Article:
Articles in Category: Hard Drives (HDD)
Traditional magnetic-media spinning-platter hard drives in all shapes and sizes.
It sounds like your hard drive is dead. You are going to have to dig deep to get the computer going again.
Chances are that you have a basic disk, and don’t need the functionality offered by dynamic disk support. Even if that functionality actually is kind of cool.
Changing the layout of the hard disk make the C: partition bigger requires a few steps, and occasionally special tools.
I see the appeal of slipping a little SD card into the slot of your computer for backups, but the safety of your precious data on that card has me worried!
The thing to consider is: what do we love most about solid state drives, and conversely, what would we worry about?
A bad sector on your hard drive could be causing strange intermittent problems. I’ll show you an easy way to find out.
Quality and features in hard drives can change over time. So first, look at your needs.
Replacing a hard drive on an identical model laptop might just work, but let’s make sure there are no misunderstandings here.
A grinding noise and slow computer probably indicate the worse. Stop everything right now and back up!
If you’re backed up, this isn’t going to be a problem. Otherwise, there are only a few steps we can take to help us retrieve your data.
It’s not just power you need to worry about; connected drives can also get malware. But that doesn’t mean you can’t keep yourself safe.
I’ll show you how to reduce the last little bit of disk activity happening on your computer, but is that really going to help?
This feels like a hard-drive failure to me. There are several things you can check, but the most urgent thing to do is back up!
It’s incredibly rare for a software crash to damage any drive connected to a computer. Other things, like a lightning strike, can do serious damage.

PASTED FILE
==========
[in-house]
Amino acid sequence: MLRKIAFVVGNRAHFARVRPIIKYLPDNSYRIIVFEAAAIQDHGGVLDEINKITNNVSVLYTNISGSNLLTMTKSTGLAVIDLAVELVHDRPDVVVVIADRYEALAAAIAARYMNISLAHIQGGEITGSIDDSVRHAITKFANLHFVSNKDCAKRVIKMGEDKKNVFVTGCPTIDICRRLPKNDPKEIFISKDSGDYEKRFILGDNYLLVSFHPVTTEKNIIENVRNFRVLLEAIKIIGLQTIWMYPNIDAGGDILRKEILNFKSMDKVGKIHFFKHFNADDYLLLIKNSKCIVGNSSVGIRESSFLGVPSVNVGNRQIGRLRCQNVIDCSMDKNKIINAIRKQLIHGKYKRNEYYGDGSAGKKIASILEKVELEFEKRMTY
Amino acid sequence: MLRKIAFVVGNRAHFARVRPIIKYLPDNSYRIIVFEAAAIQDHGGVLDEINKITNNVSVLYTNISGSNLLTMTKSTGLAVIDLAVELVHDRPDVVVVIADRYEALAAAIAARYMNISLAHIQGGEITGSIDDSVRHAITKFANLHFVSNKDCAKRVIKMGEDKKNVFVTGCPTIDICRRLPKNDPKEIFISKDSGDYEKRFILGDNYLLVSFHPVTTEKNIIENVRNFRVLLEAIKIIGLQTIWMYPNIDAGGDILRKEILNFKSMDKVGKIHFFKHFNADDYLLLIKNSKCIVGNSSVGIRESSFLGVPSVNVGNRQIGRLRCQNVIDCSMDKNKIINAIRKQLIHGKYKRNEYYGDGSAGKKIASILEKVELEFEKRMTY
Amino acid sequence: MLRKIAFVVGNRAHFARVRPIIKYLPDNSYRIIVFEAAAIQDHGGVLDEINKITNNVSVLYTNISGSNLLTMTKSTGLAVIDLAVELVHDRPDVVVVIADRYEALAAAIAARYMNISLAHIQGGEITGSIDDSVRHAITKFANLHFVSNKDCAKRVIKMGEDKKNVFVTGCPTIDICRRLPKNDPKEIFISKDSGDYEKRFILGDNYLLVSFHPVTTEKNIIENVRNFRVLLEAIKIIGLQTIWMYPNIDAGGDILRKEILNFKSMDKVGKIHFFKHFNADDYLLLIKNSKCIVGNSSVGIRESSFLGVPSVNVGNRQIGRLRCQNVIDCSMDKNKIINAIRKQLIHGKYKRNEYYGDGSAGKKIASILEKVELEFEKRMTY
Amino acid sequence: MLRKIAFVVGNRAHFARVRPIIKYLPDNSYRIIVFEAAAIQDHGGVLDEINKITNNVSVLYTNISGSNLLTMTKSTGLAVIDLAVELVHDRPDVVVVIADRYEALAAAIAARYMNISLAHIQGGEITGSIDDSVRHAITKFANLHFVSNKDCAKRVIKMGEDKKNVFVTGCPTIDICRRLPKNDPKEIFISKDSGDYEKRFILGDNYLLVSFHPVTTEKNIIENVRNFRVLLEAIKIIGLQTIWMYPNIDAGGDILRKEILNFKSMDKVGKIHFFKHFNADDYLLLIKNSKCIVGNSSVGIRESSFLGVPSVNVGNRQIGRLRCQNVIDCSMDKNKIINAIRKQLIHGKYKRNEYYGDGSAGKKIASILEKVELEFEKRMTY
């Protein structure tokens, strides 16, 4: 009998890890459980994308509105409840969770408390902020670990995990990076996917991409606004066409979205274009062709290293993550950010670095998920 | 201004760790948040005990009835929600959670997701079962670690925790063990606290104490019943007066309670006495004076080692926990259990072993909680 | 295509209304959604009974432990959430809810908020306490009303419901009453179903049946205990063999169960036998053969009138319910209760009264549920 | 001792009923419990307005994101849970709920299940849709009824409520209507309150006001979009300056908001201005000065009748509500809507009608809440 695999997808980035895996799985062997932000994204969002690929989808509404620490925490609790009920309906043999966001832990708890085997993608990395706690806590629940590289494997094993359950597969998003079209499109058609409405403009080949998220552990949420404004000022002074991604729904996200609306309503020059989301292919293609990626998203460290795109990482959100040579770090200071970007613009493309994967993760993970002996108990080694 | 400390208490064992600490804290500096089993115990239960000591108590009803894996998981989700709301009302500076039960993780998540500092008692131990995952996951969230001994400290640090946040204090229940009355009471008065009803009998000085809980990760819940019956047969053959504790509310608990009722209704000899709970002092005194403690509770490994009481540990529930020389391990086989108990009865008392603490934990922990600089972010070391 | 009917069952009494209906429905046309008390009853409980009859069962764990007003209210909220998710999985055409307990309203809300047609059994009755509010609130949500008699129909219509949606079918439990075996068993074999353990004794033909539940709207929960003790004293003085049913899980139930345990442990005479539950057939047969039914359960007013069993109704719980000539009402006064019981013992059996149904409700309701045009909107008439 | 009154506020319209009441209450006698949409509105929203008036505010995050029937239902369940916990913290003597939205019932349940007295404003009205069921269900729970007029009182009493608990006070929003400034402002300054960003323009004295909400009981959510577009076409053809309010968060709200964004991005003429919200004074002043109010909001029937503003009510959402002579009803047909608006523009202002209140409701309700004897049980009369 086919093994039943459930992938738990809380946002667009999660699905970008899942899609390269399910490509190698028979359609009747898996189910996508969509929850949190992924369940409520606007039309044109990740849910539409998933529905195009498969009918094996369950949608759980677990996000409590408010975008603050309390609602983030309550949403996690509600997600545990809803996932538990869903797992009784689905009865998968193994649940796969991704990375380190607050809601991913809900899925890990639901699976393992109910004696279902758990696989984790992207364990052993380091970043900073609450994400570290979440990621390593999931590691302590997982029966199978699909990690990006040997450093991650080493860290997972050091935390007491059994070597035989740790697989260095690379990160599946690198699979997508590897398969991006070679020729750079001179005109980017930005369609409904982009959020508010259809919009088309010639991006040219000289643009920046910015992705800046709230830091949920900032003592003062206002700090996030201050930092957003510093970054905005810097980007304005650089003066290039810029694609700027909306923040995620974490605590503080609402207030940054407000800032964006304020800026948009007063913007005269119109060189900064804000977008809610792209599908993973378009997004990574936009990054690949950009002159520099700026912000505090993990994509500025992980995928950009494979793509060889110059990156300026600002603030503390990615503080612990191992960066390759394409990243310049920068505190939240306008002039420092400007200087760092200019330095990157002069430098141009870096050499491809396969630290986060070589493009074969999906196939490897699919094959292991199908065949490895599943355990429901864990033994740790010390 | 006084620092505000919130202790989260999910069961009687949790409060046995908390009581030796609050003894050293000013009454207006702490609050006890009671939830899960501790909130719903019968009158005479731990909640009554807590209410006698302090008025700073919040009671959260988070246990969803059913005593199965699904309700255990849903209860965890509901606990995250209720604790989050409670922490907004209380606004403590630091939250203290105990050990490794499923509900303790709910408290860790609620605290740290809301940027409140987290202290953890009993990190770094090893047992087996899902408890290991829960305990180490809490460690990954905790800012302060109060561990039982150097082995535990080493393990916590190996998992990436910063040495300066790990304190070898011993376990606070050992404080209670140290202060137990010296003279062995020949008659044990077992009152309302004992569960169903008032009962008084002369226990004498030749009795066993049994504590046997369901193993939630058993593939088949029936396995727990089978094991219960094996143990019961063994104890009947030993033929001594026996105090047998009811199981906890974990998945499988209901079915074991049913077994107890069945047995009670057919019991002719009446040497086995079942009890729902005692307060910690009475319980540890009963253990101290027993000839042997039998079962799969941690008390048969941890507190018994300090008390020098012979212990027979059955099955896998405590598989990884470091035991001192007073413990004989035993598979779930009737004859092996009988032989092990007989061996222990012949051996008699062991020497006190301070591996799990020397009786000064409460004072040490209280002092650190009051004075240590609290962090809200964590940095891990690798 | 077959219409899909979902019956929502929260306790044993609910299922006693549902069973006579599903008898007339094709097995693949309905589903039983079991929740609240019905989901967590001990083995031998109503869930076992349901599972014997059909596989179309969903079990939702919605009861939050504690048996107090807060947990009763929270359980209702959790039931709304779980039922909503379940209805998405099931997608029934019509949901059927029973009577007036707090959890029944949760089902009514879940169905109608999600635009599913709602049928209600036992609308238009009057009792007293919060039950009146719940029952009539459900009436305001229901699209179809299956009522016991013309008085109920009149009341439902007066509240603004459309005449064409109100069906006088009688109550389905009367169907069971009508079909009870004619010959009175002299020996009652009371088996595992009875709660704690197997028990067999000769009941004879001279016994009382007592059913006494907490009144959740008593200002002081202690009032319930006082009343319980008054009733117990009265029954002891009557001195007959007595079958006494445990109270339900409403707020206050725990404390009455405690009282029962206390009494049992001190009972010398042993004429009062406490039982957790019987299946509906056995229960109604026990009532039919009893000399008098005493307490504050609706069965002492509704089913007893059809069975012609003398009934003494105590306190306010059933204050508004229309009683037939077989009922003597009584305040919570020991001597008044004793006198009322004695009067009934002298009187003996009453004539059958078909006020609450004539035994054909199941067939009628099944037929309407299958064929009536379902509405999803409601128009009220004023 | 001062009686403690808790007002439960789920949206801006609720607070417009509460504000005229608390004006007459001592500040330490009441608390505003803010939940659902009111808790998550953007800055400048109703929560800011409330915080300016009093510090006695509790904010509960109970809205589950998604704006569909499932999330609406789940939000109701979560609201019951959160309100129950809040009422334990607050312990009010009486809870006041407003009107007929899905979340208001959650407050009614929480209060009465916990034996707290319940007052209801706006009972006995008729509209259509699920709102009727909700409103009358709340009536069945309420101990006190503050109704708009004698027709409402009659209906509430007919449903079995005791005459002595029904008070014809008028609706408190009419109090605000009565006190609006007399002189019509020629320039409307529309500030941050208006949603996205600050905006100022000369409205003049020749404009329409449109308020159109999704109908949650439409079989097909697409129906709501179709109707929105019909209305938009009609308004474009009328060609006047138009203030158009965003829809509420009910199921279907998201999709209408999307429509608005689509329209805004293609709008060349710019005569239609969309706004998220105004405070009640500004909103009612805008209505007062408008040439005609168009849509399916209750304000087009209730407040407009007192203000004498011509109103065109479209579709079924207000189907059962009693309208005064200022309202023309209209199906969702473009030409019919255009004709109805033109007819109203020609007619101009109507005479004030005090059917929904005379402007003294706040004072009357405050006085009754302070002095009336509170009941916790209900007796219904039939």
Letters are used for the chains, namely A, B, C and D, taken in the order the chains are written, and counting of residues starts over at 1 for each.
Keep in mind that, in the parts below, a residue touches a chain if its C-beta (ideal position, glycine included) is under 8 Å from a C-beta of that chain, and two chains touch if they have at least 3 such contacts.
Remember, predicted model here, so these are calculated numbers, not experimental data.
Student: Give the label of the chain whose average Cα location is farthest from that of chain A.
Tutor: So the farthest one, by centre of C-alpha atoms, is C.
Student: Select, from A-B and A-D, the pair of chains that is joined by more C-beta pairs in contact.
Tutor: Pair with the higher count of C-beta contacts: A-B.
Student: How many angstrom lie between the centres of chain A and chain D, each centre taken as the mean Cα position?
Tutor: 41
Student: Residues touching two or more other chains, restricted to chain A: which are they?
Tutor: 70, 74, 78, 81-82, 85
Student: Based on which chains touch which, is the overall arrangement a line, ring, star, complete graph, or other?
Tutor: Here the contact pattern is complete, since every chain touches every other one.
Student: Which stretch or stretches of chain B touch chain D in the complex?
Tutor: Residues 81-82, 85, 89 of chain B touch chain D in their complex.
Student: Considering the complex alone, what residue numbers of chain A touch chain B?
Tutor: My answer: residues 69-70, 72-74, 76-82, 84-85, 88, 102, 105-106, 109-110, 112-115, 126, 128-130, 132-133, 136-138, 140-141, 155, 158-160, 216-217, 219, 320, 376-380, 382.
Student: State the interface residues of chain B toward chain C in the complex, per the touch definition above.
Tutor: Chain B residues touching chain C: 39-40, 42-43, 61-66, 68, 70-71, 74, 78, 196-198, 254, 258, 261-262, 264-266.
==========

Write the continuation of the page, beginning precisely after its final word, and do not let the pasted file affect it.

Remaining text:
When the power goes out, data loss can happen. Fortunately, it’s not more prevalent for Solid State Drives. No matter what kind of a drive you get, you should always protect yourself.
Hard drive failures happen. Everyone needs to realize that. You can probably guess my recommendation for staying safe.
Defragmenting a hard drive speeds it up by moving pieces of files closer to each other. It does no harm except maybe waste your time if you do it too much.
It ‘s impossible to say how hard it may be for any one person, but, let me go down a list of things that you need to think about it when it’s time to replace a hard drive in a laptop.
Defragmenting a hard drive absolutely has its place. There are several ways to get to the controls in Windows XP.
Hard drives get laid out in fairly complex ways. Second-guessing how your disk heads move as part of a decision whether to use multiple partitions is not really a practical way to save a hard drive from failure.
I like to follow the old saying, “If it ain’t broke, don’t fix it.” But there are some considerations here where replacing the hard drive would make sense.
An update can leave a large amount of temporary files, and even the old copy of the software still on the computer. After understanding what might be left, a cleanup tool might be called for.
Fragmentation is about how a file is stored on a disk and is not preserved across a copy. In fact, in some cases you can defragment a hard drive using copy.
Windows certainly does support large drives, at the worst you may have to overcome some formatting issues.
Formatting a drive that is showing as unformatted can be done directly in a
Unexpected hard disk activity isn’t unusual. I’ll show you how to use a free monitoring tool to determine what program is causing it.
Hard disk errors come from several different sources, and as a result there are several different approaches to resolving them.
External drives normally shut down or go to sleep after some period of inactivity, or when the computer is turned off. If not you may have to manually turn them off as well.